Bullying, enough is enough: A mom's mission to end bullying

Tina Meier turned tragedy into a fight against bullying.

It’s been ten years since a local mother lost her teen daughter to suicide. A life cut short after vicious cyberbullying.

Since then, Tina Meier has dedicated her life to traveling the country and sharing her heart-wrenching story. It’s her mission to put a stop to the cruel behavior of bullying, that cost her everything.

Tina recalled that painful day 10 years ago, "Oct. 16 is the weekend Megan took her own life."

For Tina Meier, talking about her life’s most painful experience, has become her life's purpose.

"It’s really how I breathe and how I function is through this foundation knowing that out of a tragedy that you can do something good," said Tina.

Tina started the Megan Meier Foundation one year after her 13-year-old daughter ended her life.

Her suicide followed weeks of cruel bullying online.

"The things is, if they were doing this face to face, these negative sarcastic cruel things that they say, they would not say in that tone or that way," explained Tina.

It's been ten years since Tina lost her daughter. She's traveled to 35 states and shared Megan’s story thousands of times.

"It started because of my daughter Megan, I know she’s with me every day pushing me forward. But it’s seeing all of the miraculous things around it that are sometimes breathtaking," said Tina.

In the summer of 2016, The Megan Meier Foundation opened a resource center. It’s a safe, uplifting place where kids can come and talk through their problems.

“You know it’s about these kids who have struggled but now are able to put something positive together to inspire other kids," explained Tina.

It’s where Tina lets kids and parents know, you are not alone in this.

"It’s been extremely gratifying seeing these kids coming in and families coming in struggling and seeing them walk out of here knowing that people do care. That there is help, that they can learn different techniques and coping skills to be able to work through these issues. So, that there not always feeling like they're victimized. They can start learning how to own their story and what they're going through," said Tina.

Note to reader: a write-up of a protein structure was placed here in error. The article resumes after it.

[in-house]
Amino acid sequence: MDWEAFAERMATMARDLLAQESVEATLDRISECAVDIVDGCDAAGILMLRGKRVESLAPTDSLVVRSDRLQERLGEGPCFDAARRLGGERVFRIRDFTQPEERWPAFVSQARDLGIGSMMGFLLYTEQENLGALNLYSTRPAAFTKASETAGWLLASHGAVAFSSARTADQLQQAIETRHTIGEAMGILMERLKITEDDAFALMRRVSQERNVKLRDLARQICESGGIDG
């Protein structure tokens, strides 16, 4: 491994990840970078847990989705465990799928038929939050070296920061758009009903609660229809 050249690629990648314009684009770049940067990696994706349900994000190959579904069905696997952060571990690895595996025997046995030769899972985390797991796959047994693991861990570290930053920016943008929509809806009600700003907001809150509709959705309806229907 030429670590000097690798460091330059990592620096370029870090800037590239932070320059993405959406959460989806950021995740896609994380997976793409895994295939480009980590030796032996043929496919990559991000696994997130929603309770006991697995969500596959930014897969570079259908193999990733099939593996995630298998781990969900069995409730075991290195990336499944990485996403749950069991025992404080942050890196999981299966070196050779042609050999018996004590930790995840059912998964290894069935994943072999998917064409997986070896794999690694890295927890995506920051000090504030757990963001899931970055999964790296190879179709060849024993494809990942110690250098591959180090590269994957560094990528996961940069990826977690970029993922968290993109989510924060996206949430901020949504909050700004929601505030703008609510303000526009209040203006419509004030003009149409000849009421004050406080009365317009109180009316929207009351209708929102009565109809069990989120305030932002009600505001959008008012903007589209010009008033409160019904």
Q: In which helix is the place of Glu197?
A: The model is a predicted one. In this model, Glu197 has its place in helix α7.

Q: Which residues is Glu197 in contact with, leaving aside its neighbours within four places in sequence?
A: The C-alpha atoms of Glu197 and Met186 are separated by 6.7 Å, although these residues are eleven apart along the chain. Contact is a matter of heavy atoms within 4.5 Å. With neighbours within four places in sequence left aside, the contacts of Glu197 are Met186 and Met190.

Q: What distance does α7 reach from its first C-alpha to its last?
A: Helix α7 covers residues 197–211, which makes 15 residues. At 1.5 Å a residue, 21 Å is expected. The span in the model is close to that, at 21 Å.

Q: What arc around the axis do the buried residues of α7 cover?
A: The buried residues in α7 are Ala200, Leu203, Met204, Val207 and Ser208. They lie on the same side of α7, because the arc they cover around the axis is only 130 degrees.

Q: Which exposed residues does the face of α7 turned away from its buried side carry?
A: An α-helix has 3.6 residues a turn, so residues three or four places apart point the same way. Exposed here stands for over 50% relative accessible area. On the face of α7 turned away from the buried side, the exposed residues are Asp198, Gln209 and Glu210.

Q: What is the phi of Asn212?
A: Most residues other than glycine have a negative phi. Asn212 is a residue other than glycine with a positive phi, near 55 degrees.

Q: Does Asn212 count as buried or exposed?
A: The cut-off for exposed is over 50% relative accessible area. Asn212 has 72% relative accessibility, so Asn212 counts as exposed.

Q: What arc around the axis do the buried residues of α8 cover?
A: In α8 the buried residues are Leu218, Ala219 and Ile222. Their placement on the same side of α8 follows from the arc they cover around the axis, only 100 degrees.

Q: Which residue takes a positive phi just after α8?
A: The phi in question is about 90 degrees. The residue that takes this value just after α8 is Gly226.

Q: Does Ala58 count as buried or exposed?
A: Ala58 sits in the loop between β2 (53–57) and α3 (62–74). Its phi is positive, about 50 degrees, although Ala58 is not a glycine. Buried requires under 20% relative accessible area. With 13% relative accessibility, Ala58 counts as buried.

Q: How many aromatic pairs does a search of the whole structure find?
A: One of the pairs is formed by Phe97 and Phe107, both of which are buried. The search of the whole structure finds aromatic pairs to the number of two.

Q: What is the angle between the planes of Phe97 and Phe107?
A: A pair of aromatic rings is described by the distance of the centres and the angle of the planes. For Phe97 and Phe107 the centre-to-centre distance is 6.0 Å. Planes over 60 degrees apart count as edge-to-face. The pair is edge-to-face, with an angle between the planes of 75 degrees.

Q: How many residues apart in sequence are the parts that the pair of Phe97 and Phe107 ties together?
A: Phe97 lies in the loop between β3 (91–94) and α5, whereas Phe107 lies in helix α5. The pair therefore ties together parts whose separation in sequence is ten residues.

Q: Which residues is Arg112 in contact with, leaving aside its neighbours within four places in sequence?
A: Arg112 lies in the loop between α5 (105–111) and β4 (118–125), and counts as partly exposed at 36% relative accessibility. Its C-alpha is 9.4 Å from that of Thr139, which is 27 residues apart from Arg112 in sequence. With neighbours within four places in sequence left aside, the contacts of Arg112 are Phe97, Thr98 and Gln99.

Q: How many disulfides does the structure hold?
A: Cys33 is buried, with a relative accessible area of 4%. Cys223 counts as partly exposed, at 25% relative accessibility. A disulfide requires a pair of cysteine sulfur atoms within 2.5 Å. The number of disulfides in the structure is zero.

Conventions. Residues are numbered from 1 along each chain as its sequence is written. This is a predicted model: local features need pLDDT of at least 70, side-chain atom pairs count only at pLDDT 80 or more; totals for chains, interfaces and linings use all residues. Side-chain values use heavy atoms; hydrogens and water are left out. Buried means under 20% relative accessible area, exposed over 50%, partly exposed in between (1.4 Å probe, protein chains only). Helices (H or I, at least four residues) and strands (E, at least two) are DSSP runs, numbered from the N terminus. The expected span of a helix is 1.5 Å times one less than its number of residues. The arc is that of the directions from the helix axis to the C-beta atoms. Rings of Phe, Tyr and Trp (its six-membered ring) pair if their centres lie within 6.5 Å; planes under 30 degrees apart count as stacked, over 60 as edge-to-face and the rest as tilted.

One of the best parts about the resource center is the licensed therapist on hand to meet with kids and their parents free of charge. The Foundation was able to secure the therapist through a state funded grant.

13-year-old Rachel McCormick is one of the center's success stories.

Her mom Angela will never forget the day her daughter said something no parent ever wants to hear.

"It was February of 2012, she walked into the bedroom and said mommy I don’t want to live anymore, I want to live in heaven," recalled Angela.

That was four years ago. Today, Rachel is a happy teenager looking to help other kids who've been bullied like herself. She’s working on building an interactive website that will help kids learn about the effects of bullying.

"Now I can look back and I can say that’s in the past and I’m trying to work past it and I’m trying to go through it because I know that while in sixth grade I was very fragile. Now, I’m getting stronger and I’m going to work past it all and that's what I’m really working towards," said Rachel.

For more information on the Megan Meier Foundation visit their website.


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